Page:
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I did not do well in chemistry. I was a Biology major before switching to Business. Never heard of the corrosion triangle.

 

 

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Easiest understanding, using periodic table. After Helium, elements like having 8 Electrons in their outer shell. They will borrow Electrons to keep and achieve that level. Water is made of Oxygen with 6 outer electrons, and 2 Hydrogen atoms that have 1 Electron each. By borrowing and sharing these electrons in a reduction reaction. FeO(OH)  the common surface rust we see is created on iron submerged in water, or water on iron.

The chemical reaction is called corrosion. If iron is left outside, exposed to oxygen and water, (rain, moisture, etc. ), The most common form of rust begins, Fe203.

Iron in Salt water will rust faster then fresh water. The salt acts as a catalyst, and accelerates the corrosion. Salt is an electrolyte, and adds Ions to the water. MT

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Marshal, if my teacher would have explained things the way you just did I may have learned a bit about chemistry and how the periodic tables worked...Well, better late than never.

Thank You! I just learned something today.:D

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19 minutes ago, Pat Riot, SASS #13748 said:

Marshal, if my teacher would have explained things the way you just did I may have learned a bit about chemistry and how the periodic tables worked...Well, better late than never.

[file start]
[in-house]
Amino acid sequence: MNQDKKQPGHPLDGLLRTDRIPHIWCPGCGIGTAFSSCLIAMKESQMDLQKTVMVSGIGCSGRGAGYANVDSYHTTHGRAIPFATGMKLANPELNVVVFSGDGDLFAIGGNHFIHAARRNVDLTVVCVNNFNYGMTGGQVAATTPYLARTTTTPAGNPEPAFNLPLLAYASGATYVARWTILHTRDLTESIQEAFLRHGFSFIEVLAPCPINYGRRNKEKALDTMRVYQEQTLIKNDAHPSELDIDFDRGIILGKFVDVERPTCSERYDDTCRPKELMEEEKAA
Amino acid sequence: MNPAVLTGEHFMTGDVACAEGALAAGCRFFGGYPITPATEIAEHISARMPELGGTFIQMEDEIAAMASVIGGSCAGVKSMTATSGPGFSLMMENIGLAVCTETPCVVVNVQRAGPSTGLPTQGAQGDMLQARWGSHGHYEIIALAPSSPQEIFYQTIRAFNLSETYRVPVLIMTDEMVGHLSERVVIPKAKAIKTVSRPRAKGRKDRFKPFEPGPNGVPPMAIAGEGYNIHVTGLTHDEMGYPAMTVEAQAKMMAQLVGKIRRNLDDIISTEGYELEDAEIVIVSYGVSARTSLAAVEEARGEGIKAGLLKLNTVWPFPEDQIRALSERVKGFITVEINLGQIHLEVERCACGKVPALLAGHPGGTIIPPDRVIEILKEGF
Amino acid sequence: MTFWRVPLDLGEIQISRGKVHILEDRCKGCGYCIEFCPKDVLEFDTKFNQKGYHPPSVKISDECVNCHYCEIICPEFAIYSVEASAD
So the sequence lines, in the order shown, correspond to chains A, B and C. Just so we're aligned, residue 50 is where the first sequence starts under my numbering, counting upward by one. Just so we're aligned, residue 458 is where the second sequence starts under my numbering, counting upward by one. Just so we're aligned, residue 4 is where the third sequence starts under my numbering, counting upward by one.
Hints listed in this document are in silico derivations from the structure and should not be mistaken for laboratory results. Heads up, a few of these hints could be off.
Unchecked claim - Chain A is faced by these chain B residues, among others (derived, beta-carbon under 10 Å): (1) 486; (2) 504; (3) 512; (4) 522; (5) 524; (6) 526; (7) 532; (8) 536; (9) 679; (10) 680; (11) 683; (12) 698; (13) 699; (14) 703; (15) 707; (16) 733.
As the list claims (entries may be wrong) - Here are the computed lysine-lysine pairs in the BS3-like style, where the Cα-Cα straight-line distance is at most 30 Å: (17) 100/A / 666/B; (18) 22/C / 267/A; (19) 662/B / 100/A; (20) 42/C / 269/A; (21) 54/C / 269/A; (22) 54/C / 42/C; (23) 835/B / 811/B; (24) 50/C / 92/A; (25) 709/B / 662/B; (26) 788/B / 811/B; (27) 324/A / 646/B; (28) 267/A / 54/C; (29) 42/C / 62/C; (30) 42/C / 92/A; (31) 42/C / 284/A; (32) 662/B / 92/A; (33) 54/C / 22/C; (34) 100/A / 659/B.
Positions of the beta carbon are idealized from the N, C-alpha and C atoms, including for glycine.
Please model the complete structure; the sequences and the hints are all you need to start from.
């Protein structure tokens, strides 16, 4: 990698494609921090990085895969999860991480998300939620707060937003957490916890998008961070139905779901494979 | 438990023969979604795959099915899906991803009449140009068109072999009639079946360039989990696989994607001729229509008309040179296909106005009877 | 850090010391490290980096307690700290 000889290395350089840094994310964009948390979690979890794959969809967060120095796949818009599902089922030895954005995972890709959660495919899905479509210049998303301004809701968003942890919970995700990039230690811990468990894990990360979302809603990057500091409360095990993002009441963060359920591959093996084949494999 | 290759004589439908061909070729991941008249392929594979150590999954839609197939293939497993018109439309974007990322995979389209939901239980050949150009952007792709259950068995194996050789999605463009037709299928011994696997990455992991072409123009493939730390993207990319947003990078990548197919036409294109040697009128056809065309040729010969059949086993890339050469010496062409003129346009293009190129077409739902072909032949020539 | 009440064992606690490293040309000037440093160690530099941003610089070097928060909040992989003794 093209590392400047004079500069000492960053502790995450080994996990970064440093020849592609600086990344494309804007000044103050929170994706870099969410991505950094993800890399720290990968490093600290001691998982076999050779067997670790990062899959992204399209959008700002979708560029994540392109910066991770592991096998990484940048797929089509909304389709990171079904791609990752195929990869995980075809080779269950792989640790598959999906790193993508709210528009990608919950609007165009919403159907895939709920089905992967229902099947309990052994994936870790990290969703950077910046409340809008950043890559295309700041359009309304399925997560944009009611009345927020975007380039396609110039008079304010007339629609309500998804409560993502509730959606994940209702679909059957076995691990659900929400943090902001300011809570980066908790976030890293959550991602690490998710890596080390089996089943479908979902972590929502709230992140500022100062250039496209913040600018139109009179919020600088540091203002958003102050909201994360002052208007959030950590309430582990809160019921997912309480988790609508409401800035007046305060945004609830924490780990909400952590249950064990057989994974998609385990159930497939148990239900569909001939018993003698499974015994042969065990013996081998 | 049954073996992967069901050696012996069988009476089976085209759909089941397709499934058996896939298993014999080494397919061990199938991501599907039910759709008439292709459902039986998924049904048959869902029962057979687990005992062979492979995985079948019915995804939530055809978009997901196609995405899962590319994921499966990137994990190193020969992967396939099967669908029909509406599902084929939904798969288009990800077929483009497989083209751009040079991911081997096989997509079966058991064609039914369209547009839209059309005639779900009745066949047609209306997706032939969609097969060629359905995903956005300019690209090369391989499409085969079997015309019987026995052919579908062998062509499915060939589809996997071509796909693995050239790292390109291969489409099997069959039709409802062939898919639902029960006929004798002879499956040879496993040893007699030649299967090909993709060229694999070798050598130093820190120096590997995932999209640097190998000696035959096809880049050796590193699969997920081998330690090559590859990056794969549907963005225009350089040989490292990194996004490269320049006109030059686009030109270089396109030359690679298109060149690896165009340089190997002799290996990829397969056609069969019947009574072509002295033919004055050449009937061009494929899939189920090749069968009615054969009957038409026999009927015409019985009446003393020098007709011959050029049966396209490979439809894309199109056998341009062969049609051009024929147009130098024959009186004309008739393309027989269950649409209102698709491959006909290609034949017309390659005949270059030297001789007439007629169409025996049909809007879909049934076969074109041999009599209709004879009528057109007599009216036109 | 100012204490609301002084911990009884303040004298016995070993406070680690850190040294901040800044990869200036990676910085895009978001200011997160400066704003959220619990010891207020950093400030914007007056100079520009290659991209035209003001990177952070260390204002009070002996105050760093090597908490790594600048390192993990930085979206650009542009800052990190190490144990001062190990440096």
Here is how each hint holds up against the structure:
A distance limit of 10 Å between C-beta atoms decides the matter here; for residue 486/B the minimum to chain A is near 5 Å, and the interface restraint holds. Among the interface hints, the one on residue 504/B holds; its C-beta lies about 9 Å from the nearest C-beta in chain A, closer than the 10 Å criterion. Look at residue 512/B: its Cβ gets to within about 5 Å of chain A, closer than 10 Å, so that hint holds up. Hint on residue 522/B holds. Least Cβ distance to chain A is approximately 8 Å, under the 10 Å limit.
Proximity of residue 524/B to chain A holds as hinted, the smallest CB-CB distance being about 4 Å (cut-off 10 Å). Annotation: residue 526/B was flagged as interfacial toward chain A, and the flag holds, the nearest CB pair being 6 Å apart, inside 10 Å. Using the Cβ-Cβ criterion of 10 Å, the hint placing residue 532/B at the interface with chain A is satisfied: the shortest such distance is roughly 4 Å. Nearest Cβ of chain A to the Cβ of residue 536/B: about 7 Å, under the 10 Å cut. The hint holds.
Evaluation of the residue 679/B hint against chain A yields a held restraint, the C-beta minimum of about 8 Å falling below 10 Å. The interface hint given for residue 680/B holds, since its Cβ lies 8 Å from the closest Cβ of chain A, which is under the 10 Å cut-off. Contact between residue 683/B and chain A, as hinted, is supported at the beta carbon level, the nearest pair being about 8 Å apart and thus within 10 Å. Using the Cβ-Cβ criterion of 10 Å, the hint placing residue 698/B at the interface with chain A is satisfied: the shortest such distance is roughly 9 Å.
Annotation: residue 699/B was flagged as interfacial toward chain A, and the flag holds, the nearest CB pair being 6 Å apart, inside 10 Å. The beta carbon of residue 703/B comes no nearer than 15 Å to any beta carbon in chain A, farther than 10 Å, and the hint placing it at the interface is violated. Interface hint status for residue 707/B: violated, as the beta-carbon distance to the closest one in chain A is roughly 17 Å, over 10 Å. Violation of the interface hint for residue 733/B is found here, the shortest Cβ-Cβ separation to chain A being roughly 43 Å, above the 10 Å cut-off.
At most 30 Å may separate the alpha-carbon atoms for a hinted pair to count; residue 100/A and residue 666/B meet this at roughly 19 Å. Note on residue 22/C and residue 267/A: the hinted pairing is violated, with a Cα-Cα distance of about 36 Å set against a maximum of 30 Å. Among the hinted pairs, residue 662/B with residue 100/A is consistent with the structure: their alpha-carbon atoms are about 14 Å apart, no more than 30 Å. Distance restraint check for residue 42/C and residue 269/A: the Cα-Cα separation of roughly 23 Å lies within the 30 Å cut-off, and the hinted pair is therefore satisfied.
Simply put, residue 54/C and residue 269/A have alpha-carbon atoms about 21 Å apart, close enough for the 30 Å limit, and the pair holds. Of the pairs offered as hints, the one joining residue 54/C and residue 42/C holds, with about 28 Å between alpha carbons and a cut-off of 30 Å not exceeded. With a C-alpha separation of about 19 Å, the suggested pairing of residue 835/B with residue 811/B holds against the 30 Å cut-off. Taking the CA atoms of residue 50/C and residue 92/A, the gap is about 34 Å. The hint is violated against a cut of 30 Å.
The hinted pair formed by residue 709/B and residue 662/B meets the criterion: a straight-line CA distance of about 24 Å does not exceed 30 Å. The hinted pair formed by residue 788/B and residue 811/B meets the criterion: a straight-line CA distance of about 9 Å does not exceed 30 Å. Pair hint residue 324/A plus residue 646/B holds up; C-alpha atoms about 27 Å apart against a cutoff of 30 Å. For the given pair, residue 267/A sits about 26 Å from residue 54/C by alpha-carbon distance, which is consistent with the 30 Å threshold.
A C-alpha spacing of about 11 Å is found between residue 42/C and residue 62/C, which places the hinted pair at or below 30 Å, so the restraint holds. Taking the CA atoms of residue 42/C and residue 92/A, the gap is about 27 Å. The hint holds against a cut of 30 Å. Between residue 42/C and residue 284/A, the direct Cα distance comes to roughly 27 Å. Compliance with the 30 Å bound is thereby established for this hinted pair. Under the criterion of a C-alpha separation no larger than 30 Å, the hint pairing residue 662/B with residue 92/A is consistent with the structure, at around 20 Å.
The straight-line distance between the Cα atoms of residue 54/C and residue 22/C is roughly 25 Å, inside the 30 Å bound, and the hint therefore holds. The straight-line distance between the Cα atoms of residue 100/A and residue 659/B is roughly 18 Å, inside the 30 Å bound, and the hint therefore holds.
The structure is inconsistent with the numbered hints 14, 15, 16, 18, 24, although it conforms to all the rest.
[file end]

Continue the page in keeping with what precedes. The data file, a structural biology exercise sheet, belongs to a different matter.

Thank You! I just learned something today.:D

Don't forget about dissimilar Metal corrosion. or galvanic, or bimetallic corrosion. Something we had to closely watch in the chemical and refineries. Also chemical contacts with even copper piping on something as simple as Flow Meters, or control valves. MT

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Chemistry was a bust for me. Now things like Linear Momentum/Physics, let me at it. 

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6 minutes ago, Smoken D said:

Chemistry was a bust for me. Now things like Linear Momentum/Physics, let me at it. 

Your a better man to comprehend the mass, velocity etc. I always got lost on this.  MT

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I preferred math.  So much fun to wander around in the Matrices and Vector Spaces gathering Groups and Semigroups, forever searching a countably infinite number of sets of real and imaginary objects, analyzing bifurcation topological arborescences, seeking roots, investigating Primes, arguing whether or not P=nP ever.  

 

All very rational indeed, except, of course, when it was irrational.  And when it was irrational it was exponentially imaginary.

 

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2 hours ago, Allie Mo, SASS No. 25217 said:

For me substitute Geometry :( for Chemistry and Algebra :wub: for Linear Momentum/Physics. Otherwise I have no clue what you are talking about. :o;)

 

Now just wait a darn minute. You mean to tell us that we have to KNOW what we are talking about??? :o :D